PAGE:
Latin Quarter were the best overtly political band ever. Steve Skaith was one of the singers, and wrote many of the songs alongside lyricist Mike Jones. Steve has gone on to form the Steve Skaith Band.
The first album "Modern Times" was flawed. It's most well known song, and the only top 40 hit in the UK is "Radio Africa". It said there were only sad and bad news on Radio Africa when there were revolutionary movements in South Africa, not only of black youths in places like Soweto but of black, white and "coloured" workers uniting against the white bosses in trade unions.
"No Rope As Long As Time" sounds beautiful and has a lot of good politics in it, but the bureaucrats who decide the Radio 1 playlist only included it, because the central message is that time would solve the problems of South Africa - the reverse is true, if the working class does nothing big business becomes stronger.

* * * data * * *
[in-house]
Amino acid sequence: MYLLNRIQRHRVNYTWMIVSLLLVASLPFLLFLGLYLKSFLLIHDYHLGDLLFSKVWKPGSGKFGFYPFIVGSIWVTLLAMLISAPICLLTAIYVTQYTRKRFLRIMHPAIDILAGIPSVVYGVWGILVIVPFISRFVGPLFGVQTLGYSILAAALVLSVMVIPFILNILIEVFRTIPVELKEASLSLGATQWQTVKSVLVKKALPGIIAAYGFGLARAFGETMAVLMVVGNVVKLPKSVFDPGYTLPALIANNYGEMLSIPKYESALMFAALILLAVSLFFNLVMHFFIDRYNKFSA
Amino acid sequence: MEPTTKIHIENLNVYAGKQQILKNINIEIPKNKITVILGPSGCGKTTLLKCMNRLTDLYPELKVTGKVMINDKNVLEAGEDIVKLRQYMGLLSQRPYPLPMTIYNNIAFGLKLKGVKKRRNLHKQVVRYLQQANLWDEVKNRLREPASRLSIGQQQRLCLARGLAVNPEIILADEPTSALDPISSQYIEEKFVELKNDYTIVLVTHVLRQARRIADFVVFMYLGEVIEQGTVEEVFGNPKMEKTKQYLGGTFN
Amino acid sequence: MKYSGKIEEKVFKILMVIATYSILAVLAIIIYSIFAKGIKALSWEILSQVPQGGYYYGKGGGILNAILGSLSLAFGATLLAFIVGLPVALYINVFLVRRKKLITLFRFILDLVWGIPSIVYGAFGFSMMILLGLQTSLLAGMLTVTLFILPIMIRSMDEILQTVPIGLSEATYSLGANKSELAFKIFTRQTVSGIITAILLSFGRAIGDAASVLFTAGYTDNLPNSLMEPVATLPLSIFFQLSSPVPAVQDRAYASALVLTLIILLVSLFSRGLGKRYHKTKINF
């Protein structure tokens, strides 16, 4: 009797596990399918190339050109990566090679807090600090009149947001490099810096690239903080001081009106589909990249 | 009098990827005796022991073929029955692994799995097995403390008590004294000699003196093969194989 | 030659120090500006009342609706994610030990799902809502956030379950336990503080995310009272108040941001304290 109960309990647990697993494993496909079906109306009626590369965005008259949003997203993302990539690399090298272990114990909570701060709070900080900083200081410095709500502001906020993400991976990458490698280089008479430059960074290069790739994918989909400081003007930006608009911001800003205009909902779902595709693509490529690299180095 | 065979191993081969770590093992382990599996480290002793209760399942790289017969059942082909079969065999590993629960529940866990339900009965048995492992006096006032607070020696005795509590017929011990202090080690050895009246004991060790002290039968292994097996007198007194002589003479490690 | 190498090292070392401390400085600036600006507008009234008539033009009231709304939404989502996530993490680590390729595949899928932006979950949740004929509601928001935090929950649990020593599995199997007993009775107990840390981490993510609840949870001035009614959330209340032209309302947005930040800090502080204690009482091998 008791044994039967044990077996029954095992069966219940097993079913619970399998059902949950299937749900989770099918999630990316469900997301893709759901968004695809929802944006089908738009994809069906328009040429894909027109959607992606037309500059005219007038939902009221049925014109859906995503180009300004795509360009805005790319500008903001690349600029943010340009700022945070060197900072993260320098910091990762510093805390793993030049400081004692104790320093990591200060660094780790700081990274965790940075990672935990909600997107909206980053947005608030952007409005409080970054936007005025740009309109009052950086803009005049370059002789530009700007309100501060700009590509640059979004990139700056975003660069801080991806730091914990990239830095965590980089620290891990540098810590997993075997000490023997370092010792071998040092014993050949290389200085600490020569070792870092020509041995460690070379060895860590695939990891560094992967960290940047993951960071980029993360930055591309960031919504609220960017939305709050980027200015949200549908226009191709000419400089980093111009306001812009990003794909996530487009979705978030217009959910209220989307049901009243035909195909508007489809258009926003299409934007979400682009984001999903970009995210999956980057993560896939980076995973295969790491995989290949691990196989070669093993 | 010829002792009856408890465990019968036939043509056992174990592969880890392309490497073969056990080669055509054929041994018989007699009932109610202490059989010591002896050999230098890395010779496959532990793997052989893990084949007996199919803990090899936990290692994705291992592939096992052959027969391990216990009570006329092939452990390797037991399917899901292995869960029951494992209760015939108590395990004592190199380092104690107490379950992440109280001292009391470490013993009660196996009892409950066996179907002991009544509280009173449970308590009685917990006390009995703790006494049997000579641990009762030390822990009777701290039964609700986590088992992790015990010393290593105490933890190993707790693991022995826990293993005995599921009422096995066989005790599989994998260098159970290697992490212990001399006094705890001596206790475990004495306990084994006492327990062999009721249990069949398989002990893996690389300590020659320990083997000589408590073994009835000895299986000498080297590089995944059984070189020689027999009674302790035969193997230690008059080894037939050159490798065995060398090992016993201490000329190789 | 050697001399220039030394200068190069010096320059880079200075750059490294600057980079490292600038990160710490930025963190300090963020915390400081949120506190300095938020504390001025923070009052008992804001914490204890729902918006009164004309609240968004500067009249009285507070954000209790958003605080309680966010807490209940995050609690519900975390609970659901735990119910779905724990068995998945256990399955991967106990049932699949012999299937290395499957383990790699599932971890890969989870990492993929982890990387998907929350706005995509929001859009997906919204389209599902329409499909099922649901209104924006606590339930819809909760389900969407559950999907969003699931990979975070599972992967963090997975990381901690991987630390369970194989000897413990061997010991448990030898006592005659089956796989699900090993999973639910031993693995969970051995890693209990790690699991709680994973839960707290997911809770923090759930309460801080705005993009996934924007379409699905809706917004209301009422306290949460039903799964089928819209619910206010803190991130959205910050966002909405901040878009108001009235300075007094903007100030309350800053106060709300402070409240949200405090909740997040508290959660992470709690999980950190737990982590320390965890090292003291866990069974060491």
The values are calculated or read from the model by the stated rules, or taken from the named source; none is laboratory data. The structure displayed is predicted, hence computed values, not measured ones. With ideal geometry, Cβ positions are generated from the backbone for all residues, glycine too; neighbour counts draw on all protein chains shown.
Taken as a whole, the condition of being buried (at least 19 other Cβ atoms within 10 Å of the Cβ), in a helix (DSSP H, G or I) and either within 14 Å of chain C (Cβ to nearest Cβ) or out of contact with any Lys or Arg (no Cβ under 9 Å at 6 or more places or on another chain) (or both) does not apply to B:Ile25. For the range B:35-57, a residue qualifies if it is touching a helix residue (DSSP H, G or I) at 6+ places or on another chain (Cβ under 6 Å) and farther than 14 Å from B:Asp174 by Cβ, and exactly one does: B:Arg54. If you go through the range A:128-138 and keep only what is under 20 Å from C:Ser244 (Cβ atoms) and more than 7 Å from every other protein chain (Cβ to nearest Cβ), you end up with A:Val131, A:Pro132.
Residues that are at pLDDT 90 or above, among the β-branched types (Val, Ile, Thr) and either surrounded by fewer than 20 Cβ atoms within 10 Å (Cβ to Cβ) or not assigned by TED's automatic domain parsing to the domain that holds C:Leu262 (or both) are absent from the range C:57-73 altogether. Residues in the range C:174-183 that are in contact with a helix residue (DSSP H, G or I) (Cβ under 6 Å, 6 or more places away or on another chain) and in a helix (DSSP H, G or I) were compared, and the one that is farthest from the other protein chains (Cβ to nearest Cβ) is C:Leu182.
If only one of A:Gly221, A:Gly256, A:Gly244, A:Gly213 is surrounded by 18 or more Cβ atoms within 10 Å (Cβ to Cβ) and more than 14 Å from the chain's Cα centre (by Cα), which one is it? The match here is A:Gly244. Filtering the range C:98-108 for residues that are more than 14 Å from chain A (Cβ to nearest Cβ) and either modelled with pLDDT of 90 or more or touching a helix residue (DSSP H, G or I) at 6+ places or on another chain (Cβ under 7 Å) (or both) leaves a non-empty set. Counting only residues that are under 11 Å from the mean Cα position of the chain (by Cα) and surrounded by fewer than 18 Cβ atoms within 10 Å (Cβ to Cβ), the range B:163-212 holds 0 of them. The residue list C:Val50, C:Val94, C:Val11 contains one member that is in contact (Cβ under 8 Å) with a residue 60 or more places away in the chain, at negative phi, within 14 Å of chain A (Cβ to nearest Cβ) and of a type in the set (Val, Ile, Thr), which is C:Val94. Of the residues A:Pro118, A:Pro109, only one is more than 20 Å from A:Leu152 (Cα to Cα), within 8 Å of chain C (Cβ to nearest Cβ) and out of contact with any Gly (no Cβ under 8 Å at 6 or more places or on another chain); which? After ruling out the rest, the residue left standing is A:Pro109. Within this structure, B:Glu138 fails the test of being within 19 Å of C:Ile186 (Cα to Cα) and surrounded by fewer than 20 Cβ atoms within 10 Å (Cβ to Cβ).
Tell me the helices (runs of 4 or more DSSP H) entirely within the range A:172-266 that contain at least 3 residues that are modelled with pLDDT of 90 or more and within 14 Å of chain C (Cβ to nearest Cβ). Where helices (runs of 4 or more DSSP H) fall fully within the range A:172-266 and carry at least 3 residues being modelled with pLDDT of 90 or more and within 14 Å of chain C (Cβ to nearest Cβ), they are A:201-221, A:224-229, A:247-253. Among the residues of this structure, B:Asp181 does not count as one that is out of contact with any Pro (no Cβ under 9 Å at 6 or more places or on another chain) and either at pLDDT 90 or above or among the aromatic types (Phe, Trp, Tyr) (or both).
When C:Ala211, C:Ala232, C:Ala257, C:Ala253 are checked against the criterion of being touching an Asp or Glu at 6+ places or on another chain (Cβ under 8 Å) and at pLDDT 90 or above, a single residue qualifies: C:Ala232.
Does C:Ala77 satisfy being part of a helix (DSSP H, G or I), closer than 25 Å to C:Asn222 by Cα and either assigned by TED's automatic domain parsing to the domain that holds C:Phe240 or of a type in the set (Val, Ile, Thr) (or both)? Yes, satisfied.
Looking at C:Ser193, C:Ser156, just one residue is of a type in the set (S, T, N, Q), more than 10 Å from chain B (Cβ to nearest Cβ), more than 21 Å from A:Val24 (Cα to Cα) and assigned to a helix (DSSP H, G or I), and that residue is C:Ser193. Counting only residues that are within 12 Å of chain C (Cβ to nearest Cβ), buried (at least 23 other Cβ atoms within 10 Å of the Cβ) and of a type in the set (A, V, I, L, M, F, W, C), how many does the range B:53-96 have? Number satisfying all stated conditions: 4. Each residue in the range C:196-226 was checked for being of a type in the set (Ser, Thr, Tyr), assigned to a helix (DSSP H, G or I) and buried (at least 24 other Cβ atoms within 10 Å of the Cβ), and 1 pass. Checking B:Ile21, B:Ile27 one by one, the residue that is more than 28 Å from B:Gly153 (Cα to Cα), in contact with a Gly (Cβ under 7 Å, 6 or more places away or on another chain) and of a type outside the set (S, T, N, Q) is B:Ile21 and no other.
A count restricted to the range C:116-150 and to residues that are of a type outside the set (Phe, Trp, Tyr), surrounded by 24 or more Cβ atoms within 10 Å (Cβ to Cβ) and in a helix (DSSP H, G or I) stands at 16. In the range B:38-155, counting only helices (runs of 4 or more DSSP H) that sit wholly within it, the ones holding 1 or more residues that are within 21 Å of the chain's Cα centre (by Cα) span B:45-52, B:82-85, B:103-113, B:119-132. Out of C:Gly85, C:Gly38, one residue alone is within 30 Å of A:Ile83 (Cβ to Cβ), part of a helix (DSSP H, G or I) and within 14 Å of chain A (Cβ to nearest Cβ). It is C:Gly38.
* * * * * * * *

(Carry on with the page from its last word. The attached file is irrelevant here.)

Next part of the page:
"The Truth About John" is also dreadful because it idolises John Lennon whose song "Imagine" while considered socialist alienates religious people, or anybody else hoping for some sort of afterlife.
The other problem about "Modern Times" was that it was originally pacifist. However, CDs now contain bonus and extra bonus tracks including "Sandanista", which expresses inspiration from the fightback in Nicaragua against the Contra terrorists funded by the USA.
The best songs on "Modern Times" are America for Beginners and Cora, plus the extra bonus track Voices Inside.
The third album Swimming Against the Stream is the best overtly political album produced to date. It was produced in 1988.
I am going to form a new revolutionary socialist band called Galaxia, which will follow in Latin Quarter's tradition.